Saturday, October 14, 2017

Surge Pricing and Our Electric Lights

The NY Times has an article on surge pricing, arguing in part that it may be reasonable for artists like Bruce Springsteen to underprice their tickets when they do a hit show on Broadway (or something similar)--it's part of a longer term deal with fans not to be greedy. It segues from that to the issue of raising electricity prices when usage is high, or using variable rate tolls on commuter highways.

The bit about electric prices triggered a memory:  back in the day we had an electric meter for our normal usage, and another one for the lights in the henhouse.  The second meter meant a lower rate, the rationale being that the lights were coming on at times of low usage (like 5 a.m. or something--don't remember what) so the utility wanted to encourage it.

Friday, October 13, 2017

USDA Reorganization and Comments: Where Was NASCOE?

Well, the period for commenting on the proposed reorganization of USDA is over, and OFR received 94 comments.  Scrolling through I can't identify any comments from NASCOE.  There were several by different state soil and water district associations.  It's possible I'm unfair to NASCOE--many comments are identified by individual, others by organization, so it's possible that the NASCOE comments are under an individual's name.

I'm skeptical of the request for comment process, although this reorganization is the sort of thing it should be good for. It's quite possible that NASCOE is doing a better job of lobbying behind the scenes than it appears they are doing in the open.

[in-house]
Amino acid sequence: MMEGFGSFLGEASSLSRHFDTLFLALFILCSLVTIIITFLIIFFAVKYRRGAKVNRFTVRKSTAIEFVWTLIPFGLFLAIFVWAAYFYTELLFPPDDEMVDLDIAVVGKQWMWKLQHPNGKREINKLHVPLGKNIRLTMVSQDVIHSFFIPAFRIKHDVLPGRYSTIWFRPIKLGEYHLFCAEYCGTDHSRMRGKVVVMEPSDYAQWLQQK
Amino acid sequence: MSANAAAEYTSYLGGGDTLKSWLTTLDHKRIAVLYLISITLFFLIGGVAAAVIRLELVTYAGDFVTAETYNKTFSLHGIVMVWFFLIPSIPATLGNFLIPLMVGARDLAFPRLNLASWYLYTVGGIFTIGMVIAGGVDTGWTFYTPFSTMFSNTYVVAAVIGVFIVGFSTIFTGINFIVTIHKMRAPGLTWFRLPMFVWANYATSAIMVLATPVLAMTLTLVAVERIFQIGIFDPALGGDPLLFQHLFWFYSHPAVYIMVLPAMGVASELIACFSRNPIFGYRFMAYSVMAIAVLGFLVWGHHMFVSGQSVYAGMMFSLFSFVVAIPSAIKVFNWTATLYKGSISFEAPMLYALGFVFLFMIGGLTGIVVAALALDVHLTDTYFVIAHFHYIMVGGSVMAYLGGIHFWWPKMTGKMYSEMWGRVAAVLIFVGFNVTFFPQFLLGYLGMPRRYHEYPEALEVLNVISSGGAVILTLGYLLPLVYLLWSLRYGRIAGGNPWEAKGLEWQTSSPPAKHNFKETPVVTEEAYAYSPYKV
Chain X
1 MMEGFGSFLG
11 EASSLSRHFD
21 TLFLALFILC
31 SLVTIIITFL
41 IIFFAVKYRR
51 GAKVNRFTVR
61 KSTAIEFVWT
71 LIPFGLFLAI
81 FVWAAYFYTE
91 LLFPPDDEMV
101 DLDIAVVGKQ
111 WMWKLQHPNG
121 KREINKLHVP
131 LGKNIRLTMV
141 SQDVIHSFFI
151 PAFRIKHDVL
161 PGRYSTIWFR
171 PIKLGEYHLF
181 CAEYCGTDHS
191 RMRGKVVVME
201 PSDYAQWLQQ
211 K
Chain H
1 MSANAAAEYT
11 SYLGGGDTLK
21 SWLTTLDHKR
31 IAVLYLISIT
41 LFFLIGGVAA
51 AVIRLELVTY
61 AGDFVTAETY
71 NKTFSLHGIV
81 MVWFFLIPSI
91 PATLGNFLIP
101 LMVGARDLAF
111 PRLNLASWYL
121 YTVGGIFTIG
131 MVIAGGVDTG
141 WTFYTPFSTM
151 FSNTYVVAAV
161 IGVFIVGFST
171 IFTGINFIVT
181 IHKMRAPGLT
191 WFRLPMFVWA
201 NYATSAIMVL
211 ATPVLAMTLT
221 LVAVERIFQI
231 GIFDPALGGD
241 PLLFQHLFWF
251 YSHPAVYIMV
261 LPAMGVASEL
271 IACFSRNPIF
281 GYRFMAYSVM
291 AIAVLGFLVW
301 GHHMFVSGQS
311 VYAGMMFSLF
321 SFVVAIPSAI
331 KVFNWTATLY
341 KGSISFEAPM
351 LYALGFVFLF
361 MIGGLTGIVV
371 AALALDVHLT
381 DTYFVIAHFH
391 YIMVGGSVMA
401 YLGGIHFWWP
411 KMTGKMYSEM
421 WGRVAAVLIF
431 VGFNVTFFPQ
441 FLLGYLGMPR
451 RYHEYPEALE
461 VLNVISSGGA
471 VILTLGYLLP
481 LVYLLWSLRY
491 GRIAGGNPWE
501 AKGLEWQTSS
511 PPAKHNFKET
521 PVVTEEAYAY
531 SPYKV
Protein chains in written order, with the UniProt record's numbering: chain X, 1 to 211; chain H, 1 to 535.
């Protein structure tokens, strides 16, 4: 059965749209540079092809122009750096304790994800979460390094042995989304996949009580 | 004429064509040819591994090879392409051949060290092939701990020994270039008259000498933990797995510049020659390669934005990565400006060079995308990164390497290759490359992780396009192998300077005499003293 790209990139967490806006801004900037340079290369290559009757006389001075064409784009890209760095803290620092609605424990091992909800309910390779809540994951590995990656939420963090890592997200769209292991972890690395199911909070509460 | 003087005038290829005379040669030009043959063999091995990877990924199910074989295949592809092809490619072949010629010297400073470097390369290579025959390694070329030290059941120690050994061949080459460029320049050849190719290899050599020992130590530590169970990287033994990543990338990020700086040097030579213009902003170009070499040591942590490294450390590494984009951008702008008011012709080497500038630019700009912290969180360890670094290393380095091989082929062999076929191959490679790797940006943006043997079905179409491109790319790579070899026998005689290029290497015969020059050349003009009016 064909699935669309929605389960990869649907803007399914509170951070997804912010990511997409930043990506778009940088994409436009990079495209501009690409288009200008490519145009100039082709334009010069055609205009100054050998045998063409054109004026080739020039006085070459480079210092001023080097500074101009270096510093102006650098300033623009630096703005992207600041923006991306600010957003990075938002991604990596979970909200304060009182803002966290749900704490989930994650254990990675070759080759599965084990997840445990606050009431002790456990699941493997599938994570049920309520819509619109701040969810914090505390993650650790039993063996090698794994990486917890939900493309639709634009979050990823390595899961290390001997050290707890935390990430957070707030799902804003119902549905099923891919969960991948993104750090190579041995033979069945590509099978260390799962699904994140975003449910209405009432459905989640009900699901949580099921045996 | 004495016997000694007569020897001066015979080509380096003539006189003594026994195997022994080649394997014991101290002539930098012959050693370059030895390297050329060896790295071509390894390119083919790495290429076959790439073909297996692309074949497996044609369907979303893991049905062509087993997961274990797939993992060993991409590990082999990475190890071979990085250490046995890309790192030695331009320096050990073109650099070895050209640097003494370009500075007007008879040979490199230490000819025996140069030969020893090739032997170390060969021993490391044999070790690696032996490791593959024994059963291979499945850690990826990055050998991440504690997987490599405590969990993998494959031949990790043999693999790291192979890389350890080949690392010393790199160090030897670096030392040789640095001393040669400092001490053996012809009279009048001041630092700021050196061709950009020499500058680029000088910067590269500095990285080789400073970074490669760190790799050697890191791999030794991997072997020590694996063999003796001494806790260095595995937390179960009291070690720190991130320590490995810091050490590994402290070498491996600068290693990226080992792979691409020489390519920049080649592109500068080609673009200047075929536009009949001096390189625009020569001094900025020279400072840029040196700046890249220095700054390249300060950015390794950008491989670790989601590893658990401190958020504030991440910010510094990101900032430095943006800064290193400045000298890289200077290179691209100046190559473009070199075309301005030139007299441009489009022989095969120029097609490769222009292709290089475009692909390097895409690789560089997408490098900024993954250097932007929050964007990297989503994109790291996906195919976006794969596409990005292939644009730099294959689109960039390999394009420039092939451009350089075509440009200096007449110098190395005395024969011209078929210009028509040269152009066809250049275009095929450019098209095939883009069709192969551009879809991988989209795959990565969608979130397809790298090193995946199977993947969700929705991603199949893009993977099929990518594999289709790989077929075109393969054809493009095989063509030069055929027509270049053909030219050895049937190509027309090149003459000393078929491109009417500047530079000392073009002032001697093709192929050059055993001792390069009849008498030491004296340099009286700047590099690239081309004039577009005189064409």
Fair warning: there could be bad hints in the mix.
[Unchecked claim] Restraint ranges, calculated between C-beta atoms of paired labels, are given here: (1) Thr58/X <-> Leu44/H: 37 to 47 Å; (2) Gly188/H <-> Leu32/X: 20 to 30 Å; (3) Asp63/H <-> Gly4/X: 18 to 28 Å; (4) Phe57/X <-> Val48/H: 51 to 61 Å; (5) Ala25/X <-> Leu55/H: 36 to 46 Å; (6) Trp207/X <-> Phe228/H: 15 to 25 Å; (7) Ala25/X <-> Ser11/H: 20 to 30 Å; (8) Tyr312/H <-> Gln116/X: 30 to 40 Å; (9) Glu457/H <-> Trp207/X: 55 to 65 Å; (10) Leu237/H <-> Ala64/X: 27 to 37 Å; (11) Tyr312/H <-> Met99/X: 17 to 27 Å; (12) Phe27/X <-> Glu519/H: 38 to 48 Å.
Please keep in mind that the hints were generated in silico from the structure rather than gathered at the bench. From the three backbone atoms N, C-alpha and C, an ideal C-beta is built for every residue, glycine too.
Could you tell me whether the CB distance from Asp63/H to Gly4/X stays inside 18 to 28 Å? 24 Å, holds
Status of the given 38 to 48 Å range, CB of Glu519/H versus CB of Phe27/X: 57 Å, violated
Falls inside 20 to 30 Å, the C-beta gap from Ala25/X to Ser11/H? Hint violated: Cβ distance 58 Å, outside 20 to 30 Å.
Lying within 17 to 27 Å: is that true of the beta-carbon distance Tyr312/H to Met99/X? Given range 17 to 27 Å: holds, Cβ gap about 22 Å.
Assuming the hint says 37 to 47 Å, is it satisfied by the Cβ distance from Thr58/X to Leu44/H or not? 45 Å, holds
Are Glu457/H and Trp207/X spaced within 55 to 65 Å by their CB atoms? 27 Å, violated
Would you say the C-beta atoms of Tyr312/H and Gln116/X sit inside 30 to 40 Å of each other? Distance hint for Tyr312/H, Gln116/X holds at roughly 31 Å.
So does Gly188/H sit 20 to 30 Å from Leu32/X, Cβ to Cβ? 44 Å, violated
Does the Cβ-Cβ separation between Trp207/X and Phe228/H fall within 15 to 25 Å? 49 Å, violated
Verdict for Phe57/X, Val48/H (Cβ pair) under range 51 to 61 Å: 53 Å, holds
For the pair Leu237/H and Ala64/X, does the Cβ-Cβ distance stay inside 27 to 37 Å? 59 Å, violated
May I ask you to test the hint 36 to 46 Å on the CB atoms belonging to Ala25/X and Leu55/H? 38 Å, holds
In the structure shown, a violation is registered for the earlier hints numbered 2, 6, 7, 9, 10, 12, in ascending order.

The Problems with E-Verify

Part of a compromise on immigration has always been E-Verify, the process of bouncing a new employee's data against database(s) to confirm she is legal to work (i.e., has a green card).  Conservatives push it, liberals tend not to be enthusiastic.  (That's sort of weird, because conservatives generally resist government ID programs as an invasion of individual rights and liberals generally believe in government programs--but that's the way the human consistency cookie crumbles.)

So it's interesting when Cato comes out with a piece on the problems the program has in those states which have made it mandatory.   Cato is libertarian enough that their results deserve a bit of salt, but the study shows relatively low compliance rates and a significant rate of false positives. 

My uninformed analysis would suggest that a mandatory program by the feds could be much more effective, but others might disagree.

Thursday, October 12, 2017

British Race Relations?

Both the Post and the Times ran reports on the "audit" of UK race relations.   Their discussions focus on "white" and "black" groupings, in other words using the categories we're familiar with from the American experience.  But the UK is not America, and the experience of race and ethnic divisions in Britain is quite different than that of America.

When you look at the British reports and the actual audit you see a somewhat different picture.  For example, you've got 19 different "ethnicities" which were surveyed, including such categories as "White and Black Caribbean", "White and Black African", "Black Caribbean", "Irish", "White and Asian", and "Gypsy or Irish Traveller"

Wednesday, October 11, 2017

The Rule of Law and Forgiveness

Interesting piece in the Times--the thesis in two paragraphs:
The implication is that the only proper thing to do is enforce laws uniformly, all the time, without exceptions — and that an immigration amnesty would thus be a threat to truth, justice and the American way.
But there’s a problem with that theory: Amnesties, though not always labeled as such, are central to how the nation’s legal system functions.

Pickup Trucks and Guns: David Brooks